Title: Winter Turning
Author: Tui T. Sutherland
Winter is proud to be an IceWing—though his family is constantly disappointed in how he’s not as good as his sister, Icicle, or his brother, Hailstorm. It gets even worse when Hailstorm is captured (also Winter’s fault). Now that Winter knows Hailstorm is still alive, and that there might be a chance to rescue him, he’ll stop at nothing to get his brother back. If only he didn’t have to put up with the other dragons of his winglet, who insist on calling him “friend” . . .
I’m continually impressed at how well Tui T. Sutherland draws her characters. This second set of dragonets is markedly different from the original five, but if anything I think I like them more. This particular volume is told from Winter’s point of view. Winter is complex: on the one hand, he’s cold and stuck-up, but seeing things from his point of view really highlights his insecurities and how he’s starting to like the others. And how much he hates liking the others because that’s not a proper IceWing thing to feel. And how he feels like a failure as an IceWing, anyway, but he’s going to try his best to be a good one.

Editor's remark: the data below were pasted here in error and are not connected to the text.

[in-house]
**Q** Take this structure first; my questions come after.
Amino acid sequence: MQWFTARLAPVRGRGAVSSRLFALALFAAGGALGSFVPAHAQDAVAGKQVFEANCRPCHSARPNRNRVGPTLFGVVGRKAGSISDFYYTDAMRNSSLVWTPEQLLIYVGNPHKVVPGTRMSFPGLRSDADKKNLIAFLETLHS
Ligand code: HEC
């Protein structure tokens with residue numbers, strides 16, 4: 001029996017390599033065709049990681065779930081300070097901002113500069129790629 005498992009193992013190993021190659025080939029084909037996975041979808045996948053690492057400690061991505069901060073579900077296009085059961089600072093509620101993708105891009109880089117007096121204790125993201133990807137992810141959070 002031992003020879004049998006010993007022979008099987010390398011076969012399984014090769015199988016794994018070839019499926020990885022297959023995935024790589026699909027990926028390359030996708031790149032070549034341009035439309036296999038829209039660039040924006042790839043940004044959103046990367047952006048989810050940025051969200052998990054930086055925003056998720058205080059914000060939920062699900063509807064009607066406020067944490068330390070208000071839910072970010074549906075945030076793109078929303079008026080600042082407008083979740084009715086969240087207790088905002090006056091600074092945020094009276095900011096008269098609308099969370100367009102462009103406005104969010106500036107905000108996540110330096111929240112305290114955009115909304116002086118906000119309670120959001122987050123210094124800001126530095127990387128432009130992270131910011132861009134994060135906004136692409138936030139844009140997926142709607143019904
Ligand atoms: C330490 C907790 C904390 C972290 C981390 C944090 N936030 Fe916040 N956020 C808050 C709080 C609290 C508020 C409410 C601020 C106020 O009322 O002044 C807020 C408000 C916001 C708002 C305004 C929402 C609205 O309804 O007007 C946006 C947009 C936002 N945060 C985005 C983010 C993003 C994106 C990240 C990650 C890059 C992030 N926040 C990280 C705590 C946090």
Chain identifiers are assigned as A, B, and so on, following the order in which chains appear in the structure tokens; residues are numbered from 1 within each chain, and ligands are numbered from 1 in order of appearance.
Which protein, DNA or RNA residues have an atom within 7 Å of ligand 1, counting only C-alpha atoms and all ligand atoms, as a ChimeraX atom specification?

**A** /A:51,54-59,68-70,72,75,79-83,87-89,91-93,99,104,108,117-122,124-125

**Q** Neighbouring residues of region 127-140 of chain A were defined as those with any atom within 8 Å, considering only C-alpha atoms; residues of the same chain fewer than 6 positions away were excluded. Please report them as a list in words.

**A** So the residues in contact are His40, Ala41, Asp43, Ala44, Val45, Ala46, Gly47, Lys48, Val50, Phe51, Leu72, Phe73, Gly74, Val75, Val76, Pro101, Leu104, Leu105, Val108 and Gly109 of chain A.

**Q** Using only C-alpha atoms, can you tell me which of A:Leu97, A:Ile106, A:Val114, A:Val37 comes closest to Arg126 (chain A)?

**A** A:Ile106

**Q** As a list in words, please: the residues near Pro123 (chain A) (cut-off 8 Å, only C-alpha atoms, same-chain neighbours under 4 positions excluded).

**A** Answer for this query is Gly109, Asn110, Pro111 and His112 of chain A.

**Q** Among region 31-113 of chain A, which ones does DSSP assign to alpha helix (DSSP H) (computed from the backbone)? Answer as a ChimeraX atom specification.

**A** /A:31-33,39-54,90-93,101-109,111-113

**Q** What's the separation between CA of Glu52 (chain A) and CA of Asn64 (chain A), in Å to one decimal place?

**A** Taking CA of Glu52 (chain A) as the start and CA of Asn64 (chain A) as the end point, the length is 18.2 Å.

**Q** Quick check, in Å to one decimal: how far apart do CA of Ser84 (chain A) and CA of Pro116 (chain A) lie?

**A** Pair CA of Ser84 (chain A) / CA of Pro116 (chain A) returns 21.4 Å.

I love what develops between Winter and Hailstorm, particularly with how the end mirrors the beginning in some surprising ways. And what happened to poor Hailstorm (ouch).
The humor is, as usual, spot-on. Winter makes a particularly funny lead because he’s so earnest in his insistence that these are NOT his “friends” and he does NOT like non-IceWings and why won’t they just let him go off and hunt for Hailstorm by himself? And then he still humbles himself to listen to reason from Qibli or puts himself out to help them, because it’s the right thing to do, and gets all flustered whenever anyone tries to thank him for it.
I also like the additional details about the history of the various tribes (mostly the NightWing/IceWing rivalry in this one), which helps flesh out the past a bit more. And in the other direction, it’s equally interesting to see how the hard-won peace is working out for everyone. The conclusion to The Brightest Night was in some ways a happily-ever-after ending, but these books help to underscore that it really is more than just winning a battle or a throne to end a war.
All in all, it’s almost a shame I read this so close to publication, because now I have to wait for the next one. And that will be rather annoying, because there were some really juicy teases at the very end leading into the next book . . . I rate this book Highly Recommended.